Funeral Costs & Last Expenses
Paying for the Last Expenses
Planning the funeral of a loved one can be very stressful. When a person dies, there will be a question as to how and when their funeral and last expenses are to be paid. Even if there is a will, unless the decedent is survived by their spouse or they had a joint bank account with another person, there may be no funds in the estate to pay for the funeral and other expenses because of probate.
Who is responsible for these costs in this situation? Do they have to be beneficiaries or a closest relative? Is the person who paid the expenses entitled to reimbursement? If so, what expenses qualify for reimbursement? Texas law provides answers to these questions.
Funeral Claims Against the Decedent’s Estate
Who is liable for the decedent’s last expenses? The short answer is the estate is liable. A surviving spouse or another person who pays for the funeral costs is entitled to a priority claim against the decedent’s estate. This priority extends to $15,000 of funeral costs.
If there are sufficient assets in the estate, the state may choose to reimburse funeral and last expenses in an amount that is more than $15,000. But the estate will not be able to pay amounts in excess of $15,000 if the estate assets are fully used up in paying other priority expenses or, in some cases, if the personal representative opts not to pay them.
While Texas law says that the decedent’s estate is liable to pay for most of the decedent’s funeral costs, the funeral home or provider may include language in their contract to make the surviving spouse or other parties personally liable for these costs. The person signing these agreements has to read the agreements very carefully to understand exactly who is liable and for what.
What are Funeral Costs?
The term “funeral costs” is broadly construed. It can include the traditional costs for preparation and transport and burial of the decedent’s body. It can also include the cost of conducting memorial or burial services, meals and other incidental expenses incurred for the memorial service for family and friends, the costs for travel and meals for the person in charge of making the funeral arrangements, and cremation costs.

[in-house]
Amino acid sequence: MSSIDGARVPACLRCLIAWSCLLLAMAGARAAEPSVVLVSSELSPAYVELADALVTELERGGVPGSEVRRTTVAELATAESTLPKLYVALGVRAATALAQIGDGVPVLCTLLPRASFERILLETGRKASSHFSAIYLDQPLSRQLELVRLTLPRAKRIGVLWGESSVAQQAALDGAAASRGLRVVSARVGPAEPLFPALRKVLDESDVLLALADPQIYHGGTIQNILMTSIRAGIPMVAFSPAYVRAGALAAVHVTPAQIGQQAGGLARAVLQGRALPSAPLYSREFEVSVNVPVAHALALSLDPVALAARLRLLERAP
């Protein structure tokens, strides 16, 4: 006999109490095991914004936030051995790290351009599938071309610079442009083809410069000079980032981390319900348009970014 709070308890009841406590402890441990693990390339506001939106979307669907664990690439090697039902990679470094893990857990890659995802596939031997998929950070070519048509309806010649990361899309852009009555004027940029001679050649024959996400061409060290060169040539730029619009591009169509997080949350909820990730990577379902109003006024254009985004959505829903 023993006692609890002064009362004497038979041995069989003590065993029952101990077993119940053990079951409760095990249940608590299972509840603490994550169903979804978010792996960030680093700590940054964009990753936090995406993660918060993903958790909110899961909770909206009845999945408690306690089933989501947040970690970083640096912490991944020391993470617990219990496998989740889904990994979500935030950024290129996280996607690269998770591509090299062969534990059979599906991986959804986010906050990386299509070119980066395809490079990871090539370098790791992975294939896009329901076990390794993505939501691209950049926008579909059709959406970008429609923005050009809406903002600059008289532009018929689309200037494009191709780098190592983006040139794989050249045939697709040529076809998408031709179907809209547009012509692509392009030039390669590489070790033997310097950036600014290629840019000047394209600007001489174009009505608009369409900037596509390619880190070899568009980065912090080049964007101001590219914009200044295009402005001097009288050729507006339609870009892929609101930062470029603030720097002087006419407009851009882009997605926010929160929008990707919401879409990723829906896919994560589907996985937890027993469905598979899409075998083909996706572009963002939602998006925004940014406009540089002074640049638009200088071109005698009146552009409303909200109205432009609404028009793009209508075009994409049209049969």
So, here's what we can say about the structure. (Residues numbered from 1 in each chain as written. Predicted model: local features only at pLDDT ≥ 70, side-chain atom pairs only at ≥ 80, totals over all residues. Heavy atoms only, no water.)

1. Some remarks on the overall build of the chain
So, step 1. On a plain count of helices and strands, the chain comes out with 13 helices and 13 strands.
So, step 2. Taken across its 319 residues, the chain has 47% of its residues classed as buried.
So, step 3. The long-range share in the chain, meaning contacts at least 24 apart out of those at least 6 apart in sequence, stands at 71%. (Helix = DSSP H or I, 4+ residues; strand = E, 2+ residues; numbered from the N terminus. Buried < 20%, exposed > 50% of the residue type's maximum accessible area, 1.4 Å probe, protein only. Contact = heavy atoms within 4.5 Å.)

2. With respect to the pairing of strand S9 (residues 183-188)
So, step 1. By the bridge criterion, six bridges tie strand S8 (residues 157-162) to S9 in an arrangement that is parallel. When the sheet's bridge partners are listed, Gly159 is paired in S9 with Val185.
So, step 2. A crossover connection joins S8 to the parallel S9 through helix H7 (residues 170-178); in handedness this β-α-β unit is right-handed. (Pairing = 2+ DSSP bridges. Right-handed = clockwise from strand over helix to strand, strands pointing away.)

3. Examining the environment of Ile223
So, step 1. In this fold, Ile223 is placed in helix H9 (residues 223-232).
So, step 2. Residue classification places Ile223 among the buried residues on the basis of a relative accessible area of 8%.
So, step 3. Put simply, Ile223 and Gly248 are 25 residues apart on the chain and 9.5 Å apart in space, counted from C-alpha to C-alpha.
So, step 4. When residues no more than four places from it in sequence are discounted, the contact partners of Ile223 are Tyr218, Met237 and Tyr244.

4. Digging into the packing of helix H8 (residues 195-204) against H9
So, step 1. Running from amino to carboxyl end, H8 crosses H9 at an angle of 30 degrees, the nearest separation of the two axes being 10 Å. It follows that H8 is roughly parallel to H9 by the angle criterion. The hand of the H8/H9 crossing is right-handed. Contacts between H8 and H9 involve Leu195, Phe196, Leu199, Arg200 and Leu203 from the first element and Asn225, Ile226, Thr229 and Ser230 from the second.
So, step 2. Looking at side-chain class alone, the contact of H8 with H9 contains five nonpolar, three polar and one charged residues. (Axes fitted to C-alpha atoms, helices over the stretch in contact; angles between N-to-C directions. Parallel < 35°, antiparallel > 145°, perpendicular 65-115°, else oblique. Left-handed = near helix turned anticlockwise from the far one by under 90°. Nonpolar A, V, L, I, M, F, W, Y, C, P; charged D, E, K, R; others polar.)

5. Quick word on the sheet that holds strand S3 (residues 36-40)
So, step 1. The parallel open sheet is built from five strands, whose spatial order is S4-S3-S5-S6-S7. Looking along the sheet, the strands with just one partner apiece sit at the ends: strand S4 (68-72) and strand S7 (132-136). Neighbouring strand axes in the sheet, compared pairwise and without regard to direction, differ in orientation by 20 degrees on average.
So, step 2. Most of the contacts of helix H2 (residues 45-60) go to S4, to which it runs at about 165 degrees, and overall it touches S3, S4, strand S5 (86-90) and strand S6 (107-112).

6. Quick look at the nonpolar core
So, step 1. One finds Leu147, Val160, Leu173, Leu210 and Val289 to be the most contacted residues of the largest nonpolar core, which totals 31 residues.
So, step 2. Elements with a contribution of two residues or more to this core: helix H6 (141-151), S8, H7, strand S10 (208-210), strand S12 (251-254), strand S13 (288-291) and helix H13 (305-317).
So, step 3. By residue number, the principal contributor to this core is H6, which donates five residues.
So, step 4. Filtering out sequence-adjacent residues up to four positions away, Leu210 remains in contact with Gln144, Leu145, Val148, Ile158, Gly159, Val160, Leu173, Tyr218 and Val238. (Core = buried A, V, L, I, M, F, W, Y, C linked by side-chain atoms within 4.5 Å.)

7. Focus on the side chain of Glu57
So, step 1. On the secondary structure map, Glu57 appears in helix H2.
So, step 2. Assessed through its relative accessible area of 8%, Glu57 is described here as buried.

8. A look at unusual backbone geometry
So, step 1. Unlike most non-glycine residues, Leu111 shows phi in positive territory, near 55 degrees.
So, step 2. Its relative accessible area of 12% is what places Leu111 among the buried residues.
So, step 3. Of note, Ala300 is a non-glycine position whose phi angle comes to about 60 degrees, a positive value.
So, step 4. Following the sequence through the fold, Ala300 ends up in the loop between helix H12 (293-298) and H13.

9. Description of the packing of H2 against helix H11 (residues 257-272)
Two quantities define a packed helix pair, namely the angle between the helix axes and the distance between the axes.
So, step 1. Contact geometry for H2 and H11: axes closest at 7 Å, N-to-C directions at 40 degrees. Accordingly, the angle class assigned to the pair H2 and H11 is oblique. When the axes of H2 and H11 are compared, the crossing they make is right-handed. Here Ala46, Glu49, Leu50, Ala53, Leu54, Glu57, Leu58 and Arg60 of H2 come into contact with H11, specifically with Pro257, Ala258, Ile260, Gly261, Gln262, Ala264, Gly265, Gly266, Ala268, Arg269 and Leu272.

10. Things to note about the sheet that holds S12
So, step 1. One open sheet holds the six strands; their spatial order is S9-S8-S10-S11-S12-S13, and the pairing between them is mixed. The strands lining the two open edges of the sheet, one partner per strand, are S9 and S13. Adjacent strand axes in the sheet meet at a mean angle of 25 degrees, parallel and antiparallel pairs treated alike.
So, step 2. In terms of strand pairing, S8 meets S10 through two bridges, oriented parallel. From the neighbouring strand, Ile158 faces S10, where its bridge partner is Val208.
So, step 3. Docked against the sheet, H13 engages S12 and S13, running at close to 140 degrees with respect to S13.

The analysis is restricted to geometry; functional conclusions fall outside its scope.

Can Funeral Expenses Be Paid Before Probate?
If the surviving spouse or other family member is not able to pay for the funeral costs upfront, Texas Estates Code § 152.001 et seq. allows the interested person to file an emergency application to get funds from the decedent’s estate to pay these expenses before the probate process. This amount includes attorney’s fees, court costs, and up to $5,000 of funeral and burial expenses. The applicant has to meet the same requirements to serve as personal representative in probate for this application.
The emergency application has to include
- The name, address, and interest of the applicant.
- The facts showing an immediate necessity for the issuance of an emergency intervention order by the court.
- The date and place of the decedent’s death, the decedent’s residential address, and the name and address of the funeral home holding the decedent’s remains.
- The names of any known or ascertainable heirs and devisees of the decedent and the reason they either cannot be contacted or have refused to assist in the decedent’s burial.
- A description of the funeral and burial procedures necessary, including a statement from the funeral home that contains a detailed and itemized description of the cost of such procedures.
- The name and address of any individual, entity, or financial institution, including an employer, that is in possession of any funds belonging to or due to the decedent, with account numbers and balances, if known.
- Whether there are any written instructions from the decedent relating to the funeral or burial.
- If written instructions from the decedent concerning the funeral or burial exist, the applicant must attach them to the application.
The application has to be filed in probate court in the county of the decedent’s domicile (or the county in which the real property is located if the decedent was not a resident of Texas). The application should be filed between the third and 90th day after the decedent’s death.
If the court determines that emergency intervention is necessary, it may order funds of the decedent held by an employer, individual, or financial institution to be paid directly to a funeral home for funeral and burial expenses.
On the applicant’s request, the court clerk may issue certified copies of an emergency intervention order until the 90th day after the order was issued, or until a personal representative is qualified, whichever comes first. A person who receives a certified copy of an emergency intervention order within that time frame is not personally liable for actions taken in accordance with and reliance on the order. All of the applicant’s powers and authority under the order expire 90 days after it is issued, or when a personal representative is qualified, whichever comes first.
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What are some costs of death and burial?